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Well, perhaps not all the philosophers have been basing their approach on concepts, 10 Nov 2011
The Ending of Time Chapter 5 12th April 1980 Conversation with Prof. David Bohm 'The Ground of Being, and The Mind of Man'
DAVID BOHM: Perhaps we could go further into the nature of the ground; whether we could come to it and whether it has any relationship to human beings. And also whether there could be a change in the physical behaviour of the brain.
KRISHNAMURTI: Could we approach this question from the point of view, why do we have ideas? And is the ground an idea? That is where we must first be clear. Why have ideas become so important?
DB: Perhaps because the distinction between ideas, and what is beyond ideas, is not clear. Ideas are often taken to be something more than ideas; we feel they are not ideas but a reality.
K: That is what I want to find out. Is the ground an idea, or is it imagination, an illusion, a philosophic concept? Or something that is absolute, in the sense that there is nothing beyond it?
DB: How can you tell that there is nothing beyond it?
K: I am coming to that. I want to see whether we look at that, or perceive that, or have an insight into that, from a concept. Because after all the whole Western world - perhaps also the Eastern world - is based on concepts. The whole outlook and religious beliefs, are based on that. But do we approach it from that point of view or as a philosophic investigation - philosophic, in the sense, love of wisdom, love of truth, love of investigation, the process of the mind? Are we doing that when we discuss, when we want to investigate, explain, or find out what that ground is?
DB: Well, perhaps not all the philosophers have been basing their approach on concepts, although certainly philosophy is taught through concepts. Certainly it is very hard to teach it except through concepts.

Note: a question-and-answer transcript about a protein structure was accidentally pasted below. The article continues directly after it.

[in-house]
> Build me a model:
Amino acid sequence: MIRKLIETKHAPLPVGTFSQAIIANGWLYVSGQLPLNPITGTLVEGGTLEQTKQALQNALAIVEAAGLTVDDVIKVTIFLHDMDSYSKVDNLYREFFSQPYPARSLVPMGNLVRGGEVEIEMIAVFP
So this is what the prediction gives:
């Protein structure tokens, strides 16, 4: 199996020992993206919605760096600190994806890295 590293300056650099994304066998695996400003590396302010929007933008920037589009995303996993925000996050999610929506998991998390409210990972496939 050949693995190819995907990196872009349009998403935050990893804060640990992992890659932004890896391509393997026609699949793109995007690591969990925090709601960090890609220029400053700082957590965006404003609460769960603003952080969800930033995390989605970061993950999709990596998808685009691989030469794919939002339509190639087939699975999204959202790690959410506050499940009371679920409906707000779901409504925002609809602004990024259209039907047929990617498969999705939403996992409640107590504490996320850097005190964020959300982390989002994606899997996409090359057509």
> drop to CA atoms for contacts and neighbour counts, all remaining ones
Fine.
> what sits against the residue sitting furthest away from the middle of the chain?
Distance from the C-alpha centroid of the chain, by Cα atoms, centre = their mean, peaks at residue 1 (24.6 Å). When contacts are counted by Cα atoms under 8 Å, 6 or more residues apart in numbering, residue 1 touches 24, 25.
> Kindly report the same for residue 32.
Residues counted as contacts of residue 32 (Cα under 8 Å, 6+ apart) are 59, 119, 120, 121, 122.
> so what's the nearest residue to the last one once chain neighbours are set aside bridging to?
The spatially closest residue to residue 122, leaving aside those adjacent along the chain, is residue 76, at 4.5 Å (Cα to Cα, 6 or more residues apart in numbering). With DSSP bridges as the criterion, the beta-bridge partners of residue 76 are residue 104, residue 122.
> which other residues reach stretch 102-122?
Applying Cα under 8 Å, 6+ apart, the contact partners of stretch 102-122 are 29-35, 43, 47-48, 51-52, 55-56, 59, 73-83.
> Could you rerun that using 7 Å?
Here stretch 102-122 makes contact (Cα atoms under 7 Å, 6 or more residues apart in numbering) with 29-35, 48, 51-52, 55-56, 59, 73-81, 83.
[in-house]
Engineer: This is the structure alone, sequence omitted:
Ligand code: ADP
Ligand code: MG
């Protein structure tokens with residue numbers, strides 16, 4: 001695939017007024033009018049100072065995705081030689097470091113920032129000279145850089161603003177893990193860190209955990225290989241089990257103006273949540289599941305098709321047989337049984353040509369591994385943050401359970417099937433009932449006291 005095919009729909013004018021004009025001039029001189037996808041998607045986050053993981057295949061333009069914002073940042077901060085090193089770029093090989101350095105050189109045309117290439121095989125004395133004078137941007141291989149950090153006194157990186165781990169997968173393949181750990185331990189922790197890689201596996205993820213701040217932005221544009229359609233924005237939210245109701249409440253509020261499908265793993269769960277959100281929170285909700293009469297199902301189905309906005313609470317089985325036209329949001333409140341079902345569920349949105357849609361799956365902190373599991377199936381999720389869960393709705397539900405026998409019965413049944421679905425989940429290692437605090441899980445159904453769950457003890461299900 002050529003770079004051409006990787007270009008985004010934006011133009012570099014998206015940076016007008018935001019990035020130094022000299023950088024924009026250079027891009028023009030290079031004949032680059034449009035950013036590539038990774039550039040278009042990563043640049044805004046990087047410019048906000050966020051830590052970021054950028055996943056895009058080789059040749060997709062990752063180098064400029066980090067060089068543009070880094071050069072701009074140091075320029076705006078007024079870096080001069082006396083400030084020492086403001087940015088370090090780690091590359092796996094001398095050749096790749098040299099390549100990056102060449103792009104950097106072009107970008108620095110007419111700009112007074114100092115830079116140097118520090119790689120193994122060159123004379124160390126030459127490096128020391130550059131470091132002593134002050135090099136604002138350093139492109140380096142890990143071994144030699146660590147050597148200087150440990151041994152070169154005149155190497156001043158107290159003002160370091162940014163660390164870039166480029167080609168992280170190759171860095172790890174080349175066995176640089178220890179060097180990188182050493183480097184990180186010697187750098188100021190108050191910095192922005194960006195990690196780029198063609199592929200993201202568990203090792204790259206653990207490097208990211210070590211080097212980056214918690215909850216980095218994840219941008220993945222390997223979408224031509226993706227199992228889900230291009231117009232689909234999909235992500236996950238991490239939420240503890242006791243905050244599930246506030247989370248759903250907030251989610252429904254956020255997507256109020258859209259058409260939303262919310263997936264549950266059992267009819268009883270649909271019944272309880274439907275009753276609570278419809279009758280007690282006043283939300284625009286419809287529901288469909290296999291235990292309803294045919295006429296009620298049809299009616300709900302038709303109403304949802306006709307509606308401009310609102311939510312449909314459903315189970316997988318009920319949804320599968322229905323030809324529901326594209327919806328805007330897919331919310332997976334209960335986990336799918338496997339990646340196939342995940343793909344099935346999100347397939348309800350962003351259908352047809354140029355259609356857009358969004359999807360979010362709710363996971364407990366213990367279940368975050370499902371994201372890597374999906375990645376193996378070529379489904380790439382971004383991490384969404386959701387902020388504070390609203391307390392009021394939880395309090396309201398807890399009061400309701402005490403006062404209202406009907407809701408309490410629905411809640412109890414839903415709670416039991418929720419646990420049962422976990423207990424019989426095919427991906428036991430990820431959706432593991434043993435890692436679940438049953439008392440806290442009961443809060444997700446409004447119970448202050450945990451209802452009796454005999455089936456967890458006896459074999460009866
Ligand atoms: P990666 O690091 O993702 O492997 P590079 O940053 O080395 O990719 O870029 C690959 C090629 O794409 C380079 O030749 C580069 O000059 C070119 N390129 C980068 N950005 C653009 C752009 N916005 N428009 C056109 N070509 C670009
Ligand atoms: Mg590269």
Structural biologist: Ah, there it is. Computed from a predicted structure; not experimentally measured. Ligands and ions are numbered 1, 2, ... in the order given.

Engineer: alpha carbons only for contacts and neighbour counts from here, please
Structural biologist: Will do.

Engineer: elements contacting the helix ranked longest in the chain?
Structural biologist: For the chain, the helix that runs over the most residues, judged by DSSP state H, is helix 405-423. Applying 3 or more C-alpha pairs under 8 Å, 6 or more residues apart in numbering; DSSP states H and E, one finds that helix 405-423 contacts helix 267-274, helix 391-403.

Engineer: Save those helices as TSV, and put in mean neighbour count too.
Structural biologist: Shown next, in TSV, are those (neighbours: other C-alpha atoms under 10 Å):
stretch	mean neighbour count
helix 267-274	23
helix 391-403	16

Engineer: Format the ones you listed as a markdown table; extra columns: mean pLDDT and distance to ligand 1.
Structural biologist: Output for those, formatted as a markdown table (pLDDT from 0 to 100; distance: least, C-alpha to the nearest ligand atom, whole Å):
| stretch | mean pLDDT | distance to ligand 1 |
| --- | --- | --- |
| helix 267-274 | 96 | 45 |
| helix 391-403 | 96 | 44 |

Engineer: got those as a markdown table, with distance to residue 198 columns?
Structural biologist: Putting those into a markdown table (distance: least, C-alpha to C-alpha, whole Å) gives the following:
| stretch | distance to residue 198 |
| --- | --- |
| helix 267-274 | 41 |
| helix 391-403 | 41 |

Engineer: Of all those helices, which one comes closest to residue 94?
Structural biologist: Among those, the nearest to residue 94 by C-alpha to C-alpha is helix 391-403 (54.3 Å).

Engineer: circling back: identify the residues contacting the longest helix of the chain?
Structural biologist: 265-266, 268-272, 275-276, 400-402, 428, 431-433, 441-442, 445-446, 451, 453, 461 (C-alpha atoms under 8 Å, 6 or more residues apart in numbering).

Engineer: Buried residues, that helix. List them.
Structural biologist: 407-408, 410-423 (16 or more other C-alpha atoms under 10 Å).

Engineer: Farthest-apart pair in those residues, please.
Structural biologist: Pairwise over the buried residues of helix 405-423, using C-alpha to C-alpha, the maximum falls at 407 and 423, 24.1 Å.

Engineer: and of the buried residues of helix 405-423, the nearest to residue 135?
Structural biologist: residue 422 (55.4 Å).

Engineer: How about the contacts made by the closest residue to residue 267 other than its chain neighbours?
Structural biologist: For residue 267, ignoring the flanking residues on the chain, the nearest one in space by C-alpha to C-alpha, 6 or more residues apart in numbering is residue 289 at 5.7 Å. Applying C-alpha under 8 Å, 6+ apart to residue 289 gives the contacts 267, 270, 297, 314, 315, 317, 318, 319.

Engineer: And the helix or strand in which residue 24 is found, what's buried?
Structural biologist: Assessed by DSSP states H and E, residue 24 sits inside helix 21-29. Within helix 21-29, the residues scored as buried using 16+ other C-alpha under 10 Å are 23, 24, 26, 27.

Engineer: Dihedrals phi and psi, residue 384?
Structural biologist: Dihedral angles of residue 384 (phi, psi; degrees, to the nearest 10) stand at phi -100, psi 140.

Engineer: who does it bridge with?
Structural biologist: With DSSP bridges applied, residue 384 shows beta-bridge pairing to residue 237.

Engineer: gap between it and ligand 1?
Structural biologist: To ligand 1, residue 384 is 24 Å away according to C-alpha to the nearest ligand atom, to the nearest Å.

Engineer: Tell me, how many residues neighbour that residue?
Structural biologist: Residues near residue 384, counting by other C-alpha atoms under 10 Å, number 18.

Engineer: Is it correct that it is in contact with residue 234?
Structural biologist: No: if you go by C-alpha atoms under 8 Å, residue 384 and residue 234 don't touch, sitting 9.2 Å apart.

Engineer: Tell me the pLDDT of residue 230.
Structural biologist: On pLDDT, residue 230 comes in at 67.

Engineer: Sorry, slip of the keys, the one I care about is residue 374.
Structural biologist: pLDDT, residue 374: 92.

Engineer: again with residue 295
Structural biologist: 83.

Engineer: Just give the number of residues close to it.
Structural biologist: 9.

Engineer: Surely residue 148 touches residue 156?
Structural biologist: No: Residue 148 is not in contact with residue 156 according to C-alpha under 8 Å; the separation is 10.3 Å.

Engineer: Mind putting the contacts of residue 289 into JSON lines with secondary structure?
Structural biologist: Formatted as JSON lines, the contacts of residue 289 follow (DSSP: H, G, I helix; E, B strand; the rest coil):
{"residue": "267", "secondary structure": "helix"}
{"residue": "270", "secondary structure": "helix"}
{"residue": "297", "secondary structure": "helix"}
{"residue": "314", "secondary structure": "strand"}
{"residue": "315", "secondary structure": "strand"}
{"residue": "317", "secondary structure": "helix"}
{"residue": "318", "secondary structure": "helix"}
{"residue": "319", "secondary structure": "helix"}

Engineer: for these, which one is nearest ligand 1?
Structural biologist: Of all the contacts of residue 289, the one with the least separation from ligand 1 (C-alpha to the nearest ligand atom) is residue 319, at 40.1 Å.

K: What then is the difference between a religious mind and a philosophic mind? You understand what I am trying to convey? Can we investigate the ground from a mind that is disciplined in knowledge?
DB: Fundamentally, inherently, we say that the ground is unknown. Therefore we can't begin with knowledge, and we have suggested we start with the unknown.
K: Yes. Say for instance `X' says there is such a ground. And all of us, `Y' and `Z', say, what is that ground, prove it, show it, let it manifest itself? When we ask such questions, is it with a mind that is seeking, or rather that has this passion, this love for truth? Or are we merely saying let's talk about it?
DB: I think that in that mind there is the demand for certainty; we want to be sure. So there is no enquiring.
K: Suppose you state that there is such a thing, that there is the ground; it is immovable, etc. And I say, I want to find out. Show it, prove it to me. How can my mind, which has evolved through knowledge, which has been highly disciplined in knowledge, even touch that? Because that is not knowledge, it is not put together by thought.
DB: Yes, as soon as we say, prove it, we want to turn it into knowledge.
K: That's it!
DB: We want to be absolutely certain, so that there can be no doubt. And yet, on the other side of the coin, there is also the danger of self-deception and delusion.
K: Of course. The ground cannot be touched as long as there is any form of illusion, which is the projection of desire, pleasure or fear. So how do I perceive that thing? Is the ground an idea to be investigated? Or is it something that cannot be investigated?
K: Because my mind is trained, disciplined, by experience and knowledge, and it can only function in that area. And someone comes along and tells me that this ground is not an idea, is not a philosophic concept; it is not something that can be put together, or perceived by thought. DB: It cannot be experienced, it cannot be perceived or understood through thought.